North Shore Architects' 3 Steps for Starting the Design Process

So you have decided it is time to design and build a home. Whether it is your first time through the process, or you are a seasoned home-building connoisseur, the North Shore architects at A. Perry Homes find these 3 considerations to be critical first steps on the path to a successful project.

1. What 

North Shore ArchitectsSimple, but not easy. The ‘what’ of beginning the process of designing and building a home can be daunting. We like to begin by working with homeowners to outline in simple terms the spatial priorities for their project. We first consider the number of stories preferred in the home - ranch, upper level, and/or basement, then we break each of these into their component parts by determining the rooms associated with each level, or wing, of the home. Keeping an open mind, we find that some rooms are flexible in their location, while others - often kitchens, living and dining rooms, and garages are fixed by the nature of accessibility required for the space. When we have compiled a list of required spaces and stories, we can determine approximate square footage for the project. Approximate square footage is a critical number to have in mind when moving on to step two, as building codes and site restrictions can limit the size of a project.

Here are some questions to ask yourself when beginning to outline the spatial requirements for your project:

  • How long do I plan to stay in this north shore home, and how do I expect my needs to change during that time?

  • How many levels should the project be? 

  • Do any spaces require a direct connection to the outdoors? I.e. a walkout basement, a dining room porch, pool patio, or master bedroom balcony.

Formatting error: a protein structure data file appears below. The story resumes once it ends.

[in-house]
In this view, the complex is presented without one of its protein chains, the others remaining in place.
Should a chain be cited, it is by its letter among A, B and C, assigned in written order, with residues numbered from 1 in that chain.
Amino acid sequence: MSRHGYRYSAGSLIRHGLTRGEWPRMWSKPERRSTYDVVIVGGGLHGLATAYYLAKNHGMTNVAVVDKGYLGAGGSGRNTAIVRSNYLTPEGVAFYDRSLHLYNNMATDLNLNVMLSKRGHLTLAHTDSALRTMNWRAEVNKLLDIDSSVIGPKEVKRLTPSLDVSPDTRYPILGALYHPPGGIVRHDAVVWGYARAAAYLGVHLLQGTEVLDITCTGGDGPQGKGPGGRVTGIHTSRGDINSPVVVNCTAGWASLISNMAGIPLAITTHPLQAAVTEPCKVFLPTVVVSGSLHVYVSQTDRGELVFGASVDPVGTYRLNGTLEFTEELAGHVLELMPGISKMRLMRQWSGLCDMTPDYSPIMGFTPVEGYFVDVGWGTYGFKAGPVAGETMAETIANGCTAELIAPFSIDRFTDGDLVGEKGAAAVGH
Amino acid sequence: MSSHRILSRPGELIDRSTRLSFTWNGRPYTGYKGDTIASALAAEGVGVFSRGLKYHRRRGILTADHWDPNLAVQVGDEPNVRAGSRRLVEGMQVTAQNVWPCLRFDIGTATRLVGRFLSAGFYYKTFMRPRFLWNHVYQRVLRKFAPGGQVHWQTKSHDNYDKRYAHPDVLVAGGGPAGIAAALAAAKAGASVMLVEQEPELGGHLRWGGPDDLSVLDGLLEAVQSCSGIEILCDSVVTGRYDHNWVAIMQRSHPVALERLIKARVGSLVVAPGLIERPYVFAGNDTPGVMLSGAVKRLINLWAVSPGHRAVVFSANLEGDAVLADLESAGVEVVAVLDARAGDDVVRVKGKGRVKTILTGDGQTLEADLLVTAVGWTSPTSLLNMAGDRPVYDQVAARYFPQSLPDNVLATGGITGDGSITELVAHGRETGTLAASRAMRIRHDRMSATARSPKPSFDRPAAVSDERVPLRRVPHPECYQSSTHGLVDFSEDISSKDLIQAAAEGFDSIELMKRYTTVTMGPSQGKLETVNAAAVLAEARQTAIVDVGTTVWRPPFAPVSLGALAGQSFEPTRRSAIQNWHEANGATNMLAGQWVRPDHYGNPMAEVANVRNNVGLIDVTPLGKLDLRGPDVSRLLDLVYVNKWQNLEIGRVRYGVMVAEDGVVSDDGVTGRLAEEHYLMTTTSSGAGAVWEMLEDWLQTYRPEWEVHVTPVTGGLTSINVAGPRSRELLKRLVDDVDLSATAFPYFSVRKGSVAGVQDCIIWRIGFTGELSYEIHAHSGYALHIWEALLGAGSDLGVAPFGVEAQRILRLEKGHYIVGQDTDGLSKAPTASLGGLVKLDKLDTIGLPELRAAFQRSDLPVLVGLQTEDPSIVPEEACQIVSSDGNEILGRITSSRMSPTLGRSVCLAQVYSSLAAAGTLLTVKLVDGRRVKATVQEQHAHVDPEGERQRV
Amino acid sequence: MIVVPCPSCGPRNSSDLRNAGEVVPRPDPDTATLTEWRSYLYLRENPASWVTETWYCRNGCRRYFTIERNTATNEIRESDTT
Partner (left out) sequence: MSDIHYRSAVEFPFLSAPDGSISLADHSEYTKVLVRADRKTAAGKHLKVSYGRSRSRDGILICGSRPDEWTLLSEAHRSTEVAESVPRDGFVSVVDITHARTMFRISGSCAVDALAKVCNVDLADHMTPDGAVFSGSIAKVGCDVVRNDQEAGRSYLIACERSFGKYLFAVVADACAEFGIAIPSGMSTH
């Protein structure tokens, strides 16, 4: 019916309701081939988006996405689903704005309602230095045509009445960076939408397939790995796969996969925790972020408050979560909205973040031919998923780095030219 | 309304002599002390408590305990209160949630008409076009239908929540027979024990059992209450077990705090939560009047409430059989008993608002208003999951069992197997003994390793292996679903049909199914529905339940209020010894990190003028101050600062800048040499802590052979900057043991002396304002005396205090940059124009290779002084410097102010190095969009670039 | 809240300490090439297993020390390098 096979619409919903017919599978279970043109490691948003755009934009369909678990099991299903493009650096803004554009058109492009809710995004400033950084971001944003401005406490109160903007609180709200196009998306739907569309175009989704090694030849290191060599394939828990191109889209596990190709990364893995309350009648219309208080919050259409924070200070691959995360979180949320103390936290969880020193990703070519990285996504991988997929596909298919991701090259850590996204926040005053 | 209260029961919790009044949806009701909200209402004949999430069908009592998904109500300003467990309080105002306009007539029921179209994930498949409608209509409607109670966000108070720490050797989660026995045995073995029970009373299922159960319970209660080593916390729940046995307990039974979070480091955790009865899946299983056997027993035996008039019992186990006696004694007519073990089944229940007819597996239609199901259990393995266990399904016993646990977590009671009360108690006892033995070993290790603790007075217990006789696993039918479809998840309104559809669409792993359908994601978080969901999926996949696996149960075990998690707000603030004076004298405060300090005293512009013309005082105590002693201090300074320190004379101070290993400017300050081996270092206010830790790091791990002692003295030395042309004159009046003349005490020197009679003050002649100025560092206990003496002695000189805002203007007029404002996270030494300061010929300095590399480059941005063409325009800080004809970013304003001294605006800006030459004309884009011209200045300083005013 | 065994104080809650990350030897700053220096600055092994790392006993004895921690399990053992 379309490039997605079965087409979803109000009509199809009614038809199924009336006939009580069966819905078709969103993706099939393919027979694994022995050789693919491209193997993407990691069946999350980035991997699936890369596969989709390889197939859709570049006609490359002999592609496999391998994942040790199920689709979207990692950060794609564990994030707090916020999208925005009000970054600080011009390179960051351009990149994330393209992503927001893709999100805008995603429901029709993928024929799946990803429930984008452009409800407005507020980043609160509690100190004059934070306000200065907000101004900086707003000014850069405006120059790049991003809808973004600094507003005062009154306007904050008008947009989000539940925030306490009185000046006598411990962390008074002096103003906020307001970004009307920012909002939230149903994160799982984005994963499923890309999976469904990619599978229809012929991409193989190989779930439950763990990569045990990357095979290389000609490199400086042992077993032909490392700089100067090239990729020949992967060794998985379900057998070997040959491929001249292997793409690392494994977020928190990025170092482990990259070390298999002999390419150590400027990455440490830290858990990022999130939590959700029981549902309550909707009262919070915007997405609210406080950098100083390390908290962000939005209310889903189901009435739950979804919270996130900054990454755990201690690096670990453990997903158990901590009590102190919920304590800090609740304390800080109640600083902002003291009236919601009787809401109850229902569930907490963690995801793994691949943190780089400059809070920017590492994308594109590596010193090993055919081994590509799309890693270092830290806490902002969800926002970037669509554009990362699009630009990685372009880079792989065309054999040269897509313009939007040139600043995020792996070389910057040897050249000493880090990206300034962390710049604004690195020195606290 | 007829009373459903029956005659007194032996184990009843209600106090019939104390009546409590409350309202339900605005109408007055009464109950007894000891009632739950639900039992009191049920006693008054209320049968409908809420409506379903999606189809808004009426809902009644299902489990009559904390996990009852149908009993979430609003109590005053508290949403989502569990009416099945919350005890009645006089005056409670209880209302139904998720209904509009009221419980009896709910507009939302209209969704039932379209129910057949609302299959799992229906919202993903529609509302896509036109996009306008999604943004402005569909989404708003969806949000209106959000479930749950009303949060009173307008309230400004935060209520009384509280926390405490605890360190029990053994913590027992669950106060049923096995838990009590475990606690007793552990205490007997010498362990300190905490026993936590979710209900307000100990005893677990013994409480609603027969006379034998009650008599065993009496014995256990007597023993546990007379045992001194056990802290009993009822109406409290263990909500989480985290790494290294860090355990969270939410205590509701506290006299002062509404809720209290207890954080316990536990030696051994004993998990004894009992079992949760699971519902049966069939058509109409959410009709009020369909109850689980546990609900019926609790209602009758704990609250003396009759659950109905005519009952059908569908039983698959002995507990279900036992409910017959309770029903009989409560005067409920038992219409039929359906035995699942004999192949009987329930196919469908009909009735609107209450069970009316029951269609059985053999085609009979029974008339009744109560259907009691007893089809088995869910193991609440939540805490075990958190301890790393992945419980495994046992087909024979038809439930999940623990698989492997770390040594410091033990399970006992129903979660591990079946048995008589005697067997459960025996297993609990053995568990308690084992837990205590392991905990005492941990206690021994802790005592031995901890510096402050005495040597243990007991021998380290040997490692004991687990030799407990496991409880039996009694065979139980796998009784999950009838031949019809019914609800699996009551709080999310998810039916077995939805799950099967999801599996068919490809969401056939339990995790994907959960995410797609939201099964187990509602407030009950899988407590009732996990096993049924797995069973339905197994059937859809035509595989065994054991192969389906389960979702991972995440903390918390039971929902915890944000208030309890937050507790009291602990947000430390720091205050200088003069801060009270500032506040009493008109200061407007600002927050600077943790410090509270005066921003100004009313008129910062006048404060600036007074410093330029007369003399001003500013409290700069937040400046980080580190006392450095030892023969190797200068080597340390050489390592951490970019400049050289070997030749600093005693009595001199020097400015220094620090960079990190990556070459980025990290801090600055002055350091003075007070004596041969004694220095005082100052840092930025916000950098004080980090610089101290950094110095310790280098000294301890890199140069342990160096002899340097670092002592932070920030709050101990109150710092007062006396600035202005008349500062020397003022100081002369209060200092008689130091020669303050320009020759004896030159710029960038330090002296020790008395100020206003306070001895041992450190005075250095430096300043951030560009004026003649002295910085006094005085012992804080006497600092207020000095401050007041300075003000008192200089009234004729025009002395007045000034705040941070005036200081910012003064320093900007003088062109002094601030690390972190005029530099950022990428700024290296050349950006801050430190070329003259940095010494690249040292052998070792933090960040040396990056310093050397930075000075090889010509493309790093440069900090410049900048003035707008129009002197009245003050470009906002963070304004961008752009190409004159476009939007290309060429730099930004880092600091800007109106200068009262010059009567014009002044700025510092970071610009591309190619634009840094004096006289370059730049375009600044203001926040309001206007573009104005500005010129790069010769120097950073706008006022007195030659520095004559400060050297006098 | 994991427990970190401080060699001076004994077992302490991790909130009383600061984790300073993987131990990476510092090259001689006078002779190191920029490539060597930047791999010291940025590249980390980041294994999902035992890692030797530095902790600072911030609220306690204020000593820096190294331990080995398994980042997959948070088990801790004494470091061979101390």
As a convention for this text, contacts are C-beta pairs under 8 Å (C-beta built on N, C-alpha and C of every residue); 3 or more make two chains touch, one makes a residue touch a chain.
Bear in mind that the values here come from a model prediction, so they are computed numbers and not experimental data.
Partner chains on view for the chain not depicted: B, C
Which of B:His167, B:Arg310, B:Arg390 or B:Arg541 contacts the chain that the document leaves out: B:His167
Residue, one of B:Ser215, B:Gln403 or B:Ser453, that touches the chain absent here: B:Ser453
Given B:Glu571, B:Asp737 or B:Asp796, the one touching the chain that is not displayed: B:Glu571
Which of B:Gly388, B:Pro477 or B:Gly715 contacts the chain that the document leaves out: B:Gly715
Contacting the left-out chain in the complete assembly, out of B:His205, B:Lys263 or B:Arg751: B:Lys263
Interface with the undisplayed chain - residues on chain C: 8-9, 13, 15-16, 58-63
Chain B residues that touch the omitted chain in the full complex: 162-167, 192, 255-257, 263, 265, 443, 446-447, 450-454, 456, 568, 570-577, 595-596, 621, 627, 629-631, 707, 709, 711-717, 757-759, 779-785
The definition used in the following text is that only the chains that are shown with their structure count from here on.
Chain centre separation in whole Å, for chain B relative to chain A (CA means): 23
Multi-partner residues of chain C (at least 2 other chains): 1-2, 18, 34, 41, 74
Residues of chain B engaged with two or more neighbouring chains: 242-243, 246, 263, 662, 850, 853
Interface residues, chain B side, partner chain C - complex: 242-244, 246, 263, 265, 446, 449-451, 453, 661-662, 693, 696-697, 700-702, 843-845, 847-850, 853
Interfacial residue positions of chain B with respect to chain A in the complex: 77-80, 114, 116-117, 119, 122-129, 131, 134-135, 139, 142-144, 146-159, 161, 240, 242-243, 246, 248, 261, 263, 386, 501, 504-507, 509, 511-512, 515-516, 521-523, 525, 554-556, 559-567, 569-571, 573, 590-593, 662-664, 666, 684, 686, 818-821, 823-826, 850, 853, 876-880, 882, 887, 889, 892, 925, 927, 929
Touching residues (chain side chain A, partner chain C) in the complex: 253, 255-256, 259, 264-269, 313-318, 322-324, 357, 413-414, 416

• Are there any exterior views or sounds that you would like to optimize or avoid?

  • Is there an architectural style that you prefer - craftsman, prairie, Spanish revival, French colonial, mid-century modern, transitional, etc.?

If you don’t know the answer to any of these questions, it’s ok! Do some swiping, pinning, and saving on Pinterest and Houzz to gather some design ideas that you like to share with your architect, and they will help you to hone in on your ultimate project goals. 

2. Where

Building location and size go hand in hand. In my hometown of Chattanooga, TN, as in many lovely locales around the world, the city offers a vast array of building sites to choose from when selecting the location for your new family home. From the waterfront to the mountaintop, downtown to country land - a critical step in home design is settling on a site. Due to zoning regulations and site restrictions, site selection has a direct impact on the type and size of a home that will be viable for a plot. Too often, we encounter a property owner who has acquired a plot of land with the intention to build, who then finds themselves restricted from planning the project that they had hoped for by zoning code, HOA requirements, overlay zones, easements, and building area restrictions. Before hitting the pavement to find the ideal project site, be sure that you have an understanding of your requirements for allowable building size and style, so that the lot you purchase can host the house of your dreams!